4.3 Management team for public health crisis responseKCDC runs the Management Team for Public Health Crisis Response consisting of civil experts to cope strategically with public health crisis since the 2009 influenza pandemic. The team is run to support effective and professional strategy formulation and execution of projects for the crisis caused by emerging infectious diseases of the division. The civil experts in the team support the division with the construction of the response system, research, related basic data, and revision of manuals. The team developed the guidelines and support response strategy by an expert network in the 2009–2010 pandemic influenza and helped to evaluate the response and construct community-based public health crisis response to solve the problems exposed during the pandemic for 2 years. The long-term plan to utilize the team for research projects, which expands the scope of public health crisis, is currently confined to emerging infectious diseases by evaluating the results of research so far (Table 3).
4.4 Education and training for crisis managementIt is more important for public health officials in local governments to acknowledge their roles and prepare the national public health crisis. KCDC periodically conducts education and exercises with virtual scenarios to enhance the capabilities of public health officials in local governments against a crisis.For avian influenza, human infection and environmental management are separated by the ministry in regulation, so that it is necessary to have interministerial preparation among related ministries. Since 2009, KCDC, Animal and Plant Quarantine Agency, and the National Institute of Environmental Research host Avian/Pandemic Influenza Inter-Ministerial Joint Education. A total of 2673 central and local government officials in public health, livestock disease, and environments participated in the education.KCDC has guided 16 local governments to conduct the Exercise against Emerging Infectious Disease Crisis each year since 2010. KCDC provides virtual scenarios, prior education, and evaluations for successful execution of the exercises. It focuses on countermeasures by situation with a discussion and fortifies relations among the participants . The virtual scenario contains the formation of an emergency response team, utilization of medical resources, patent treatments, quarantine and surveillance, and risk communication. At the end of each exercise, evaluation is followed for the next exercise preparation (Table 4). The participants of the exercise expands in scope by including officials in the Ministry of Education, National Police Agency, National Emergency Management Agency, and medical institutions, which results in improving the quality of education program .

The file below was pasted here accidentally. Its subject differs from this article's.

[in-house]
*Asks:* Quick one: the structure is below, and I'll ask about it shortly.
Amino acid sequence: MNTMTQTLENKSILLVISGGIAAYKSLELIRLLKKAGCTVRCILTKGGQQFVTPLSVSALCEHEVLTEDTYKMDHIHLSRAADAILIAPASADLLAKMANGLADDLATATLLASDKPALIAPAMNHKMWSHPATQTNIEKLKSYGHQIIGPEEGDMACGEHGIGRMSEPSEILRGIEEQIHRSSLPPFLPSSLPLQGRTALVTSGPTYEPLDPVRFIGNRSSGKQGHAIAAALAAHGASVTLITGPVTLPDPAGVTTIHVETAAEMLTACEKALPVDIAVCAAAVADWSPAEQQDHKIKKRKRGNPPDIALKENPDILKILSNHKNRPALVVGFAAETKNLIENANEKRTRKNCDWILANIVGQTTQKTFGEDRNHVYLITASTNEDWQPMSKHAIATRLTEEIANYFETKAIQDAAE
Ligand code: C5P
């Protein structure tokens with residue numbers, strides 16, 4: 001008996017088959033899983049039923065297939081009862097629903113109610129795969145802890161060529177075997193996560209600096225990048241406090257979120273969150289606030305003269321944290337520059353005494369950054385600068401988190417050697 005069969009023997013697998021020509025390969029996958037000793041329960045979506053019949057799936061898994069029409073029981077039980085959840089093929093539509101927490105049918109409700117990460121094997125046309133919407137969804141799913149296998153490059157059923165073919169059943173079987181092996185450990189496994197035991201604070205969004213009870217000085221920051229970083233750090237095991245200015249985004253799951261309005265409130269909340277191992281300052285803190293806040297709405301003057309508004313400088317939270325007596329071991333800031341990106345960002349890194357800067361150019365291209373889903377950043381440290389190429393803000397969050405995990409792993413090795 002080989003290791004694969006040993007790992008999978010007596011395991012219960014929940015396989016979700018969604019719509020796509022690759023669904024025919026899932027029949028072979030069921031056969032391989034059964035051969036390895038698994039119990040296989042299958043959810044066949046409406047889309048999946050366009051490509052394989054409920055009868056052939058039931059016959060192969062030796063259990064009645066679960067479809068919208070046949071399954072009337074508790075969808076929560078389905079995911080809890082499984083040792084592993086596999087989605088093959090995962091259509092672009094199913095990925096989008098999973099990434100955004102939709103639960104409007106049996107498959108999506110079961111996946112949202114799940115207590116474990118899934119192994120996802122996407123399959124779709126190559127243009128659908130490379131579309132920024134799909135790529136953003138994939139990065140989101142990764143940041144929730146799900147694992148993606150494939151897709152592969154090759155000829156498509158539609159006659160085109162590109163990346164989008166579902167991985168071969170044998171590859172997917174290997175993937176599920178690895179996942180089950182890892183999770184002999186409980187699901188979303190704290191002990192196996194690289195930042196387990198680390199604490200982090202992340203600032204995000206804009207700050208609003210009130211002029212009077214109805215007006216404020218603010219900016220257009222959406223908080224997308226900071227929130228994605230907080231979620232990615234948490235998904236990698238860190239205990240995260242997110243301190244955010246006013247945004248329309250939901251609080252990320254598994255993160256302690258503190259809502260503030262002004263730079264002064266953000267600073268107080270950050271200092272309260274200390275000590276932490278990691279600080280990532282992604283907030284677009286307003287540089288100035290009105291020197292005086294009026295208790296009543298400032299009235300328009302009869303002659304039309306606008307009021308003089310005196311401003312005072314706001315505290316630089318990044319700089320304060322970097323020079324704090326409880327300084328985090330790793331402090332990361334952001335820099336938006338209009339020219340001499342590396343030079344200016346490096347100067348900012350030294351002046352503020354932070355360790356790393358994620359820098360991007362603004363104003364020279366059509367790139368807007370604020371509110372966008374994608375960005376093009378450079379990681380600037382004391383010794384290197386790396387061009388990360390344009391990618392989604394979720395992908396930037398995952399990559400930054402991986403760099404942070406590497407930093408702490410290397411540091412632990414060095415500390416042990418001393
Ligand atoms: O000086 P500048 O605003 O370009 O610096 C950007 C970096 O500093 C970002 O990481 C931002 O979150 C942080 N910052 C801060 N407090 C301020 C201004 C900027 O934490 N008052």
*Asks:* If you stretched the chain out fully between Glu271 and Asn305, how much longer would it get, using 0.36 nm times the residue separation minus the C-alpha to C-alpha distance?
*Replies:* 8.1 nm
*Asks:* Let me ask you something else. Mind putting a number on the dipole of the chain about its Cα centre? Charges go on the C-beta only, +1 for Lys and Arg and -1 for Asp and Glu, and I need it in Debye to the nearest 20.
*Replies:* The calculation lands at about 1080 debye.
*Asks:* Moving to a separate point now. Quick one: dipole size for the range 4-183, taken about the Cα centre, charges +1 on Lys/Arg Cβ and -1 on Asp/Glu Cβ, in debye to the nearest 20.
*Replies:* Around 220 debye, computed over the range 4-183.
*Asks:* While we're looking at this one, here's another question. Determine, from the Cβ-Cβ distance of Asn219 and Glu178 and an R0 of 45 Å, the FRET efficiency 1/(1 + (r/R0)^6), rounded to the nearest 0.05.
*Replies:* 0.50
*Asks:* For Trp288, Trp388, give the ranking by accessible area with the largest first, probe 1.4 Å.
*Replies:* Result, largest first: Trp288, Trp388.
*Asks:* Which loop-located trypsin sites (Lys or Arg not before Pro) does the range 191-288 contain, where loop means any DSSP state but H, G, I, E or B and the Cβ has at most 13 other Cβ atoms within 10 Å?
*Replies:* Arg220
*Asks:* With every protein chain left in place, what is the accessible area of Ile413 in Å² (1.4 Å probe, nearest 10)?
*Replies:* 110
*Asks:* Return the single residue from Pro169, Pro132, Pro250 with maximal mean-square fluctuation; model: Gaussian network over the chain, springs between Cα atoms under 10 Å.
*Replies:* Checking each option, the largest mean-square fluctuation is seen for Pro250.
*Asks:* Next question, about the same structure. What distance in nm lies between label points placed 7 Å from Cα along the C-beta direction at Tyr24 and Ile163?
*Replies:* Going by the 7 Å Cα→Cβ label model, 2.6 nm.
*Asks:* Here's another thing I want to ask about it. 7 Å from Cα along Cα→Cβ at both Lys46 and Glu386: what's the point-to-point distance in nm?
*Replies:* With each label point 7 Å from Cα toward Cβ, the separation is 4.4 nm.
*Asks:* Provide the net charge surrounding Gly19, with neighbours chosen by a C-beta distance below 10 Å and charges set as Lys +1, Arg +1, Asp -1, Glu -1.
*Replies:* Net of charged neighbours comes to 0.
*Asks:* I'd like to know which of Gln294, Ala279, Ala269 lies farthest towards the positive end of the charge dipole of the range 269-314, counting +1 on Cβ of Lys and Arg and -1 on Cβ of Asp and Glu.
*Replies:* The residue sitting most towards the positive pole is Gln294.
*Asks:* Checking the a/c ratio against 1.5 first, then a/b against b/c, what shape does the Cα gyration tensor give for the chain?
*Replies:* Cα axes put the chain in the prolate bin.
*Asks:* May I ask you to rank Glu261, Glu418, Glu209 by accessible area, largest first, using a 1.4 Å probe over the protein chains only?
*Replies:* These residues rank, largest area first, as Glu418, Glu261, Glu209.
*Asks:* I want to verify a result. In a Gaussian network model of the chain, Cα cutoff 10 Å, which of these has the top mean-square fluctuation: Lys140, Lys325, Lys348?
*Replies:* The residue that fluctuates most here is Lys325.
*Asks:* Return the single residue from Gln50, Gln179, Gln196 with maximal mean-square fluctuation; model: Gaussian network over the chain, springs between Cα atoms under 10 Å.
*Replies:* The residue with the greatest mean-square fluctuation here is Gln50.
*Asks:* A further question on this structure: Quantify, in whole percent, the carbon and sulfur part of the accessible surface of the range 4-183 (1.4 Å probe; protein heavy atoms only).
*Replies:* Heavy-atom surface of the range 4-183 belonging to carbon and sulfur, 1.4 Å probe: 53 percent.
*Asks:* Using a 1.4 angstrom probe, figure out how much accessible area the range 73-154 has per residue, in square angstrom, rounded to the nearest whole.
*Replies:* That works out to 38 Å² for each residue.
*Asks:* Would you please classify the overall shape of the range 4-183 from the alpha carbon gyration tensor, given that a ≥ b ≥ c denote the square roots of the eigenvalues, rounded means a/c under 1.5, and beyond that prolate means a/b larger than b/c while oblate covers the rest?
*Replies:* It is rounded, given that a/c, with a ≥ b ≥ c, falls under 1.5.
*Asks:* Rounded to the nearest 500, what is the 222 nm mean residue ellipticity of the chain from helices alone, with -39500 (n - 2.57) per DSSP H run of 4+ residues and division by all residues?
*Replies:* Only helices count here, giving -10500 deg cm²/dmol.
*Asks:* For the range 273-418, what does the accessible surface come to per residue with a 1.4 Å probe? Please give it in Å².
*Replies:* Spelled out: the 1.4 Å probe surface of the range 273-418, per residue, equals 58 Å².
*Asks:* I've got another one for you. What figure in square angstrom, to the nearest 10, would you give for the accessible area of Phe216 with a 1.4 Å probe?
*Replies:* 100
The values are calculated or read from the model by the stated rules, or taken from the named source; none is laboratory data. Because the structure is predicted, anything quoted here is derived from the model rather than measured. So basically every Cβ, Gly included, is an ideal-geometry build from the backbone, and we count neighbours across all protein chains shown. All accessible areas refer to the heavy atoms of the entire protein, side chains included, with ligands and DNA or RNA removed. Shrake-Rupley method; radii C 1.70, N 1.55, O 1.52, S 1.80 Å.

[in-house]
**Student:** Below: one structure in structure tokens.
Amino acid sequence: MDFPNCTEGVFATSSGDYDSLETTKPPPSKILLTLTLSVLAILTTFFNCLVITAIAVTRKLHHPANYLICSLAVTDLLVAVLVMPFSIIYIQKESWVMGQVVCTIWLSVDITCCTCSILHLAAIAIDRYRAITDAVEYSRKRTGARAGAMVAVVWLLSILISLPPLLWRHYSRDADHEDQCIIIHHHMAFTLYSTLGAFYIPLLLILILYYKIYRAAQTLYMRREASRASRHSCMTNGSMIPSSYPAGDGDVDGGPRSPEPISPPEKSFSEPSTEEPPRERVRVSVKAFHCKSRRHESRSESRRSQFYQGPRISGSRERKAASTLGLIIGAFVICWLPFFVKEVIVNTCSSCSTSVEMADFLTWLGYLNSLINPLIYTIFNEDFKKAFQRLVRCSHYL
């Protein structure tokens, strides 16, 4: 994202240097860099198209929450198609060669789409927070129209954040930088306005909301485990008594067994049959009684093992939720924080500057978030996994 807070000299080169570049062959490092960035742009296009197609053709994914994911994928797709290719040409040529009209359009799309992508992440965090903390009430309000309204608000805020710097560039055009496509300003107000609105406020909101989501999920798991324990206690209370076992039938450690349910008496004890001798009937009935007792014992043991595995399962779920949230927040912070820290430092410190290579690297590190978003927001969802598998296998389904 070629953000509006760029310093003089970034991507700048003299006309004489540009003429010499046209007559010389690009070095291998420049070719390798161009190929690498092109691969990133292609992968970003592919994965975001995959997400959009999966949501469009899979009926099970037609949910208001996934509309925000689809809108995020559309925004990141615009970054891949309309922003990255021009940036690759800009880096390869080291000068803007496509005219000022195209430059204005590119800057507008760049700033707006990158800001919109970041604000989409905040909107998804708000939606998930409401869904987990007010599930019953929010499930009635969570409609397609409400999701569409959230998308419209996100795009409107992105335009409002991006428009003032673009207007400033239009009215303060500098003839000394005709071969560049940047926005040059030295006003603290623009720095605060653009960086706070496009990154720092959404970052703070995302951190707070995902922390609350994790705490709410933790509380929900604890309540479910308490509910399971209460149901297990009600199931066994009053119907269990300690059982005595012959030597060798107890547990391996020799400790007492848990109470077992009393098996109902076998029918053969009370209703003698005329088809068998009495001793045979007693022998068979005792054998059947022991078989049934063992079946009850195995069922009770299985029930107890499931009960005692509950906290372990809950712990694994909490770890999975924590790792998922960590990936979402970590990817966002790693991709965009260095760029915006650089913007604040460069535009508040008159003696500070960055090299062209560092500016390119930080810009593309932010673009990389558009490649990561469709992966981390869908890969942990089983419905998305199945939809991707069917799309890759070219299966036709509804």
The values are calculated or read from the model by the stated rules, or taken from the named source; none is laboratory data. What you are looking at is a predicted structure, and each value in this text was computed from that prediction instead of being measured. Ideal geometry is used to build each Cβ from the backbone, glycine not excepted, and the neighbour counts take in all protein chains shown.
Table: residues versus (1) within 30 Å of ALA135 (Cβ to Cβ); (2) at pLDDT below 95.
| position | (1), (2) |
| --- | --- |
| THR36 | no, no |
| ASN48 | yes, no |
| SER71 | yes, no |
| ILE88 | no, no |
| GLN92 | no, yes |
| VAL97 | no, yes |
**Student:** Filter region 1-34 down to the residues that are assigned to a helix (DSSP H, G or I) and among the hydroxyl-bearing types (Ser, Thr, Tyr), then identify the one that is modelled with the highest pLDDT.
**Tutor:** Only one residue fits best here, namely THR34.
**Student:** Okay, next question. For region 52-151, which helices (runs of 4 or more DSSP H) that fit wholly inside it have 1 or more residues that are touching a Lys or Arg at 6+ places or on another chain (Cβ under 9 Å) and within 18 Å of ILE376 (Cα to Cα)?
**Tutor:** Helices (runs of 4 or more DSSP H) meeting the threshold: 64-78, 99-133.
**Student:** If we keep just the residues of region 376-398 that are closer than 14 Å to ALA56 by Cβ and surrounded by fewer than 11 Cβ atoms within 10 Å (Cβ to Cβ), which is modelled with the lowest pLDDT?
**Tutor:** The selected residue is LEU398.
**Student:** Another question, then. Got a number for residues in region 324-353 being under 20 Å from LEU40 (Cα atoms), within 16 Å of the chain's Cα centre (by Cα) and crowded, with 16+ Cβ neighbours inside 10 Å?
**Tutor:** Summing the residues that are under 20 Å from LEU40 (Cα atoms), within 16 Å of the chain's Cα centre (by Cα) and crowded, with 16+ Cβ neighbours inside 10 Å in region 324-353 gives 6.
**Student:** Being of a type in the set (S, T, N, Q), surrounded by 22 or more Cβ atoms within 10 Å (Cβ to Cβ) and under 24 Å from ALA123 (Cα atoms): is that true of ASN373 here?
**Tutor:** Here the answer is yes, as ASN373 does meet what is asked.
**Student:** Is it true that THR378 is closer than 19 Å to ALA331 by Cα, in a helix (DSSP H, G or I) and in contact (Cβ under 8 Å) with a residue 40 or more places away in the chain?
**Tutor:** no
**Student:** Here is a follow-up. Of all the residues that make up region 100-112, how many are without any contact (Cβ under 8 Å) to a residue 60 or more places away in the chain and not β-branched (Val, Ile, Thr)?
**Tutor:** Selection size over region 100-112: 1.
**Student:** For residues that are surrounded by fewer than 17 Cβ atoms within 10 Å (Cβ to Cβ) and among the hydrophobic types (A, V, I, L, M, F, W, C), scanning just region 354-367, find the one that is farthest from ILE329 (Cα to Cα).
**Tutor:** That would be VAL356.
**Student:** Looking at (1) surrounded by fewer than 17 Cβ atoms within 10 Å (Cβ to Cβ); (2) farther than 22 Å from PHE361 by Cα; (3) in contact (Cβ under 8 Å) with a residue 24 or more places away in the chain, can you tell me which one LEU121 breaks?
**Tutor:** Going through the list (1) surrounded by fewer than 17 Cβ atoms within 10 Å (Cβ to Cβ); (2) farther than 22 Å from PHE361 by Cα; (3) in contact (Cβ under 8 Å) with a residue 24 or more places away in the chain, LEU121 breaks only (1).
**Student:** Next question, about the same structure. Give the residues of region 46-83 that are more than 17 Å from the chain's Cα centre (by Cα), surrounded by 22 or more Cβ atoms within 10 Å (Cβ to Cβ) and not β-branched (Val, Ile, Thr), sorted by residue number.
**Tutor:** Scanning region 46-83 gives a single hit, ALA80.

ConclusionThe Division of Public Health Crisis Response in KCDC performs an important role in coping with public health crisis caused by emerging infectious diseases. It has constructed medical resources, conducted interministerial education and exercises, and runs countermeasure teams in case of crisis. Recent emerging infectious diseases—MERS in the Middle East, AI H7N in China along with 2009 pandemic influenza and 2003 SARS—provide other threats to the world [8–10].The division's efforts have borne fruit: no human infection case in Korea has been reported in four AI H5N1 incidences since 2003. AI H7N9 in China has been effectively contained by intensive entry screening and risk communication with Korean visitors to China. MERS suspected death was investigated promptly and for safety of the Korean workers in the Middle East. The division would evolve into more comprehensive national public health crisis, based on the experiences with various public health crisis caused by emerging infectious diseases.